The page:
As You can see in couple places on this website that I’m calling myself a web crafter.
What the hell?
I’m making various things on the web since early 2005 (comercially it’s 2009).
When I started, iframes and
<marquee> tags were the thing (a.k.a. hype). Whole pages were built on table grids and inline styles were not that bad (and how current history shows it really isn’t - see some react-based projects :P ).
Time has passed and I’ve learned about cascade styling sheets and incoming new, HTML(5) standards. Most of my early projects were based on slicing Photoshop’s
psd files to static templates.
Then I started learning about Wordpress theming and deploying everything to remote servers. I’ve become a full-stack developer :D
In 2011 I’ve learnt about Ruby programming language and Rails - a web framework for Ruby. I was trying to switch to backend development exclusively. After 2 years of working in RoR, I’ve decided to come back to frontend - mostly because it was the thing that gives me more fun.
Unfortunately (or maybe not?) all those projects were eventually deployed into bottom of my drawer in the end;)
I was really afraid of showing my code to public. But even if I never deployed anything to production at that time, experience that I’ve gained during all those years is priceless. In my opinion, every programmer should develop his/her skills apart from full-time job. It opens Your mind to new solutions and in the end makes You a better developer.
And remember, a good developer is not necessary a person, whom code is like highest state of art, but who is
Yeah, that’s right. Who cares that Your code has 100% code coverage but no business value? That doesn’t mean of course that You shouldn’t care about its quality. But as long You don’t have to (for example when You are making Your very own side-project) You don’t need to bahave like an evangelist.
Most of side projects dies in the baby-steps stage, because of the burning out effect.
Your eeny meeny little project don’t have to be perfect.
Just ship something.
And then collect all the satisfaction and remember: don’t be afraid about public response. If Your project solves YOUR problem then YOU are the one who can state an opinion about it.
There will be always some group of people with generally negative attitude (a.k.a. douchebags), but listen peacefully to kind people who are giving You advices and show ways to improve. Sometimes You just can miss something.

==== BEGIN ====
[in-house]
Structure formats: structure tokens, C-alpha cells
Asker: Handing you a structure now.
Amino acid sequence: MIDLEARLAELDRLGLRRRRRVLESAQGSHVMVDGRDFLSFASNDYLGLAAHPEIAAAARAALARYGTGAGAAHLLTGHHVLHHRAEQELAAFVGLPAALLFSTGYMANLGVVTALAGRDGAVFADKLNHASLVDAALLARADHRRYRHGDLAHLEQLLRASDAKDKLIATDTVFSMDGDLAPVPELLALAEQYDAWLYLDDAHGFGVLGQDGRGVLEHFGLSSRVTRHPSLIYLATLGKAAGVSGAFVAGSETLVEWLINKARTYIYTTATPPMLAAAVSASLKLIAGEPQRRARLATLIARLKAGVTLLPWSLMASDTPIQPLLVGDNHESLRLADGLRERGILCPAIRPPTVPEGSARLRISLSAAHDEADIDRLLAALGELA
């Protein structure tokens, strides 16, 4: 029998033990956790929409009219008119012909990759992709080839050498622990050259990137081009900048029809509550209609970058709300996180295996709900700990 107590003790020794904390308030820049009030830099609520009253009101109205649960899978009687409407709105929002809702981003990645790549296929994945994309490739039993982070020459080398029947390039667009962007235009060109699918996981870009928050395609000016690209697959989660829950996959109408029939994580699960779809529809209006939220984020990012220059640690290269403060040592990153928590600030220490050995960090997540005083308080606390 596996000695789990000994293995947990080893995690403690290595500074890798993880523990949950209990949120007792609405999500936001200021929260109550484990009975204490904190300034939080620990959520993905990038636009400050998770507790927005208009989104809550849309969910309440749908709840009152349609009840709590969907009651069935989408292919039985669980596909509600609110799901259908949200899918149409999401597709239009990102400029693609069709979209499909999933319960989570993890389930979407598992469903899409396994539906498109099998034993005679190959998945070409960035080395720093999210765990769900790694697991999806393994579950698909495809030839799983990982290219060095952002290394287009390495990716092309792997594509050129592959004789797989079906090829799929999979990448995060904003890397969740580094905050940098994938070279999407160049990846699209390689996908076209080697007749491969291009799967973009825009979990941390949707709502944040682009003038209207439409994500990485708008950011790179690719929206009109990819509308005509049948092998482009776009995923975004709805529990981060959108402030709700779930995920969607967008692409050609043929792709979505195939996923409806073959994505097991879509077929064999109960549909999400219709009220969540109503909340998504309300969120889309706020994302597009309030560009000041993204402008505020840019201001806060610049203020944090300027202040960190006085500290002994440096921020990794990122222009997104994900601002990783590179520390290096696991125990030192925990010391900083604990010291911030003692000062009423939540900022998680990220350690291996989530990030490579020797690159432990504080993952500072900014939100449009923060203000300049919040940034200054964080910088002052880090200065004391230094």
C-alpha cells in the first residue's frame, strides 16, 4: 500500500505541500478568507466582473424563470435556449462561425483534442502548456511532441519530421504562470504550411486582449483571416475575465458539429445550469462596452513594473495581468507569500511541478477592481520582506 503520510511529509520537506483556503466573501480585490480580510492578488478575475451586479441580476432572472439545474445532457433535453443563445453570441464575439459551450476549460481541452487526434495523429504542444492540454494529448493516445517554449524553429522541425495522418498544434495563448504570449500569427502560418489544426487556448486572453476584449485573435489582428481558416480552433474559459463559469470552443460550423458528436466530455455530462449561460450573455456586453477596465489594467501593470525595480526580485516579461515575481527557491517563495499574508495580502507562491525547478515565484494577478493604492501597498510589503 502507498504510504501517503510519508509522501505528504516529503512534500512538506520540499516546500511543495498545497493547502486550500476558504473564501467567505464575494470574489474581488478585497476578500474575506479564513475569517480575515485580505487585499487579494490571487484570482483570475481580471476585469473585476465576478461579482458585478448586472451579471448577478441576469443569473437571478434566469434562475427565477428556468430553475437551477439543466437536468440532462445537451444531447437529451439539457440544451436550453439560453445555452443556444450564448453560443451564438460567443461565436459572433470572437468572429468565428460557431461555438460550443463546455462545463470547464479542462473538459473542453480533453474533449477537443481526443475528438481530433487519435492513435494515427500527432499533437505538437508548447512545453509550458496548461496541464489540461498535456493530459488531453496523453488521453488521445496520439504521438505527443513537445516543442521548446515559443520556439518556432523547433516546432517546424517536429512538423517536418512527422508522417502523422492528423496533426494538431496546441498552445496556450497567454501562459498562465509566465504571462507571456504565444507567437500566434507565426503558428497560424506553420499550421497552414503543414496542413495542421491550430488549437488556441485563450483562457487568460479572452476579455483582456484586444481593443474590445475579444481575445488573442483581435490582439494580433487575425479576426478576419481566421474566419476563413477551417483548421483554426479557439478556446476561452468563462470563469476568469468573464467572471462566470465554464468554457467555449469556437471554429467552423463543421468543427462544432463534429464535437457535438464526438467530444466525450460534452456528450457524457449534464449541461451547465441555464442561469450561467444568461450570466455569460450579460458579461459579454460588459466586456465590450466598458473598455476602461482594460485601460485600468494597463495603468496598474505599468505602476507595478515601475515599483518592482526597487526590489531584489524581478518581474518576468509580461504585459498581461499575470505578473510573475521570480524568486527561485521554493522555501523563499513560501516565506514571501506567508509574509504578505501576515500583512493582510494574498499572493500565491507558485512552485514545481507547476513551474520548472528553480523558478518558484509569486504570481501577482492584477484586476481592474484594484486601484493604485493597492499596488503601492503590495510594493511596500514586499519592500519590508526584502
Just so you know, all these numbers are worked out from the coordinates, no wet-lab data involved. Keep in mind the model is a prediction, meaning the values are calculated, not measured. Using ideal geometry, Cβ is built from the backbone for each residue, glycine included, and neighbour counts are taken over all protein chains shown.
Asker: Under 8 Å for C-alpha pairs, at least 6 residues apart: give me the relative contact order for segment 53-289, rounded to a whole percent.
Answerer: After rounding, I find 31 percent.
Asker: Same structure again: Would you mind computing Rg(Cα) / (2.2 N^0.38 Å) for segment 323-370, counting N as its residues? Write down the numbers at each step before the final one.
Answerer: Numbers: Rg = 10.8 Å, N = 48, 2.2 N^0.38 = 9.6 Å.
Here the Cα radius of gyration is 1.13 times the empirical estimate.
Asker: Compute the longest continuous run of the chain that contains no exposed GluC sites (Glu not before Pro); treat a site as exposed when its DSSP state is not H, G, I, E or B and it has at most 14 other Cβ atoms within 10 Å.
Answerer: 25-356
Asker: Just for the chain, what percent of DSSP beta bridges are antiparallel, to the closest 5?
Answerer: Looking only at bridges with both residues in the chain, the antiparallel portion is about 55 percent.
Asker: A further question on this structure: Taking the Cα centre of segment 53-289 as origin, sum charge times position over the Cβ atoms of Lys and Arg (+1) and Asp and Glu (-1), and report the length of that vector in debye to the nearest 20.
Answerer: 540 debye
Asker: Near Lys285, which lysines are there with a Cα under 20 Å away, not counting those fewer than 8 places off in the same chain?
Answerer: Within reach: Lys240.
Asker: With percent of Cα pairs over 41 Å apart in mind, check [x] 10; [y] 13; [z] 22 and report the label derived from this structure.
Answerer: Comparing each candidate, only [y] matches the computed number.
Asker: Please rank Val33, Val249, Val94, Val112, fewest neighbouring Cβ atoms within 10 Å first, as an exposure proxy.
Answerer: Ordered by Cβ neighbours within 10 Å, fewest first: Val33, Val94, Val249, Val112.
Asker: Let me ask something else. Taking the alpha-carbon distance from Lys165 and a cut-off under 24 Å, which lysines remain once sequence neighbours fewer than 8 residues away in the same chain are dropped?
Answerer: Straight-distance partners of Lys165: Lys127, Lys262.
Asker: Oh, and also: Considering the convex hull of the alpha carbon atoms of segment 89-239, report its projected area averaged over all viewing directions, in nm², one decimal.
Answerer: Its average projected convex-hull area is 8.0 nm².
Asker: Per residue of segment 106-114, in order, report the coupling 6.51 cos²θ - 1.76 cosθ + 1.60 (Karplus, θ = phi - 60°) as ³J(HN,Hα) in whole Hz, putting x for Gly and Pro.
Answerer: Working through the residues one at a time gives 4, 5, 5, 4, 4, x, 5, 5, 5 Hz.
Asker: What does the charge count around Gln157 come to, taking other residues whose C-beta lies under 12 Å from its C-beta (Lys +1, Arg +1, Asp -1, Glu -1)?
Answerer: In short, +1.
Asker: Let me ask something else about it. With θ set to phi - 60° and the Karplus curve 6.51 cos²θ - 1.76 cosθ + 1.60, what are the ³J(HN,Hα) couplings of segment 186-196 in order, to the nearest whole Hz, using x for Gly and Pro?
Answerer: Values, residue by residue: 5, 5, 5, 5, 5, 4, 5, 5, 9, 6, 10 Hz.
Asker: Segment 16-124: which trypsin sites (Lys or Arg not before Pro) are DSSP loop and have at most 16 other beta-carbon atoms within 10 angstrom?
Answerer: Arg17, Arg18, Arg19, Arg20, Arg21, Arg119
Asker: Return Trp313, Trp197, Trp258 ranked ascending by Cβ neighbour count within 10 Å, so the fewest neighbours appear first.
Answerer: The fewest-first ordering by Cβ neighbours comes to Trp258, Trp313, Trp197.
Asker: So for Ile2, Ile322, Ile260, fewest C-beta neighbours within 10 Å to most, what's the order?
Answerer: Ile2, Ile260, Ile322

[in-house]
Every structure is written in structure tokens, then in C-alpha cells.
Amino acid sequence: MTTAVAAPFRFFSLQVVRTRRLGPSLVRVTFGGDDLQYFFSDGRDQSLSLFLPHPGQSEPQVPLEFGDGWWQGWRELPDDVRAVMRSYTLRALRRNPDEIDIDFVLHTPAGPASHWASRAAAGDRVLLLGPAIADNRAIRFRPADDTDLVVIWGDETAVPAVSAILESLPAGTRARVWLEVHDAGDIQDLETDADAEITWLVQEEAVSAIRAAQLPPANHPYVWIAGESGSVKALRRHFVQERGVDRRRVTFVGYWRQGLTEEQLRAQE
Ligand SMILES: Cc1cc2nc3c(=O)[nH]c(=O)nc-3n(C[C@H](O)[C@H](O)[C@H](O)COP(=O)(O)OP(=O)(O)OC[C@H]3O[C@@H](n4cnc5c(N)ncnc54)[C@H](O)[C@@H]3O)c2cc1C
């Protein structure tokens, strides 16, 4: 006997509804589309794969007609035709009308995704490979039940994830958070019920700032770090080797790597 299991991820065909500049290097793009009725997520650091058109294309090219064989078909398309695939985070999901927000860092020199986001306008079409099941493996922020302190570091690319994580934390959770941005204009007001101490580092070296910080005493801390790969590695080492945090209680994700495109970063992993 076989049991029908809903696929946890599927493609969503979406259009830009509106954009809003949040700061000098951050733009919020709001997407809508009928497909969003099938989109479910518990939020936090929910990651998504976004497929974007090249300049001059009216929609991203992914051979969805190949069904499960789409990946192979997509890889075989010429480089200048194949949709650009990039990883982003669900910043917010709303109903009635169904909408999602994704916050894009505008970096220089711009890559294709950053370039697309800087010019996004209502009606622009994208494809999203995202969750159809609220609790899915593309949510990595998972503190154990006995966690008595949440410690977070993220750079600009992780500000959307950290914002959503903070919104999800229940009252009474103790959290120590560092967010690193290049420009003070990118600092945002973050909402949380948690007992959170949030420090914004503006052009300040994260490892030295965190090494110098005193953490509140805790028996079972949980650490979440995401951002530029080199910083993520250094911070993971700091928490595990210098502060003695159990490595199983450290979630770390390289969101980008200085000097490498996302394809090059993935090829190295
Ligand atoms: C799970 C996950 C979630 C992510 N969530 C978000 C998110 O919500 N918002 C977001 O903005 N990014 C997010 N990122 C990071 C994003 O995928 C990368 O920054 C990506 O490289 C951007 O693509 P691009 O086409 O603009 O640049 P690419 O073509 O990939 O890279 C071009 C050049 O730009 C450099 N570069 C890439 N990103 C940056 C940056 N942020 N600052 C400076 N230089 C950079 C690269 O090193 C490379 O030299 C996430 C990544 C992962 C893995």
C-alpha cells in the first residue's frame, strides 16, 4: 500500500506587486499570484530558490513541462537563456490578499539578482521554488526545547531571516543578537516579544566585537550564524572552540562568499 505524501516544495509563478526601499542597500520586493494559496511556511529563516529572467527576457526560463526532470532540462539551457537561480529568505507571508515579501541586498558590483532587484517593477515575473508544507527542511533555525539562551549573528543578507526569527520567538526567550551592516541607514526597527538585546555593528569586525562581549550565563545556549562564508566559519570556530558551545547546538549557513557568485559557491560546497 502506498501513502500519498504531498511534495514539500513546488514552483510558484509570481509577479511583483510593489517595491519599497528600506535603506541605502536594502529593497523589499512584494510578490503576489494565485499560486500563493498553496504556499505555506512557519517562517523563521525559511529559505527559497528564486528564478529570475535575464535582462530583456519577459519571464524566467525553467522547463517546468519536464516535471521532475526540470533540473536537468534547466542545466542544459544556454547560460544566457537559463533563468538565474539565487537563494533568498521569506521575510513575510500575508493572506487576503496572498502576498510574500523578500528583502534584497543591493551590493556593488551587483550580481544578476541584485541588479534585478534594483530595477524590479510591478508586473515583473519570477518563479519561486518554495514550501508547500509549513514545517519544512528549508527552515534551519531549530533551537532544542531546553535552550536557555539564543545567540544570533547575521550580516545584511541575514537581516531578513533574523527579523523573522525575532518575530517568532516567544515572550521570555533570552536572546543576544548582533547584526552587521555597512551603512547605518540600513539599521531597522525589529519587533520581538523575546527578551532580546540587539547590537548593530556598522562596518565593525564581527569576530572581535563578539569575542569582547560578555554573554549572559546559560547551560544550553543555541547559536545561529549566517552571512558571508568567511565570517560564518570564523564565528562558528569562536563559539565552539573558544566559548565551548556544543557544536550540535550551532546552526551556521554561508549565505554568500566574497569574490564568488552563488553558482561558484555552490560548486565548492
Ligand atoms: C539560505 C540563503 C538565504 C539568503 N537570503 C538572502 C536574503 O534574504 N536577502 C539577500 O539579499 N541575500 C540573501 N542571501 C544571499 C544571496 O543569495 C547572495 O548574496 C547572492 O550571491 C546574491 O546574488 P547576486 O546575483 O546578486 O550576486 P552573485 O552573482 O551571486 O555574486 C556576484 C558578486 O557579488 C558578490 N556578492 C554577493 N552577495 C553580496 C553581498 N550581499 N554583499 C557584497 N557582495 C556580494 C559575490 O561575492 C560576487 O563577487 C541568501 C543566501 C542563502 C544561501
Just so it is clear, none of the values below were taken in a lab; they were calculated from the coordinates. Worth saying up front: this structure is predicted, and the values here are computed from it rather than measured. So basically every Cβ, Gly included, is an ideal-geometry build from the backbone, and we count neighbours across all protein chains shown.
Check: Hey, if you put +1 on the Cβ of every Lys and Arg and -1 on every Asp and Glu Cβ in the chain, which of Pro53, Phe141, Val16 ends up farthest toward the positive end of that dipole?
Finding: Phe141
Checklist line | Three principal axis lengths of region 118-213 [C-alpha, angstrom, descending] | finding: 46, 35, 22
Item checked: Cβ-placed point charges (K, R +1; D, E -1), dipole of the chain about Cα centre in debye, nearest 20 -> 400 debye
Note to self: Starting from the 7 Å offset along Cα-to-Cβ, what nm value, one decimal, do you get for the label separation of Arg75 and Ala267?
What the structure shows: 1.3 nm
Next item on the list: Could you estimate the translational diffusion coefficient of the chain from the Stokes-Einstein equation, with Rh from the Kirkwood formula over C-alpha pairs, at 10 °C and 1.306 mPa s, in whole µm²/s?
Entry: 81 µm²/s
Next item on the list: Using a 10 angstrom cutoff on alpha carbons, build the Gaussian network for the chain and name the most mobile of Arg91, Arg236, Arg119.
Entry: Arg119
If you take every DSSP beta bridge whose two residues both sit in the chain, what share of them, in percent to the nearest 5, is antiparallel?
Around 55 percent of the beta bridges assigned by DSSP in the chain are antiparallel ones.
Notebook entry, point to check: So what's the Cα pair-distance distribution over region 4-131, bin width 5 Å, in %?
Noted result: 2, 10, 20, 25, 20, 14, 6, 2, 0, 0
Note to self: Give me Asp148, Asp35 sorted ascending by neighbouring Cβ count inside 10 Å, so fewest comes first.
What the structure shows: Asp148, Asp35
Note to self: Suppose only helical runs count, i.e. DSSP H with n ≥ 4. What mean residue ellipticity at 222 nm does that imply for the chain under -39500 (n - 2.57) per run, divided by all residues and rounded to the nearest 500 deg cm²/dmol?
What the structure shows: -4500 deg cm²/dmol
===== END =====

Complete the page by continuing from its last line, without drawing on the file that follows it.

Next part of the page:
Let me give You a real-life example: at the moment of writing this article I’ve already decided to mark current state of Rakun.js with
0.1.0 version signature and soon release next update without backward compatibility.
Why’s that? Because thanks to community I’ve obtained some very useful tips, that will improve Rakun.js performance and remove some antipatterns from current code.
Around 2010, IT community were crazy about giving fancy job titles for themselves, such as agile-world-class-coach, social-media-ninja or super-turtle-of-front-end-development. That period of time had more random hackers than whole computer history in total.
Time has passed, and so that trend. Nowadays most
people programmers go with backend/frontend/full-stack/specific-language developer title.
I’m a bit nostalgic person (8-bit game graphics FTW!) so I wanted just to remind about that crazy events from the past :)
But maybe that’s not only about this; since the last year I really struggle about self-categorization about what I’m doing: from creating stylesheets for static websites, through creating mobile apps using cordova/phonegap and ending on full-stack development with Node.js/Express.js on the backend and Rakun.js on the frontend.
Or all this is just about that jack-of-all-trades doesn’t sound THAT cool :)
And You? What’s Your job title? I’d love to hear about what are You doing.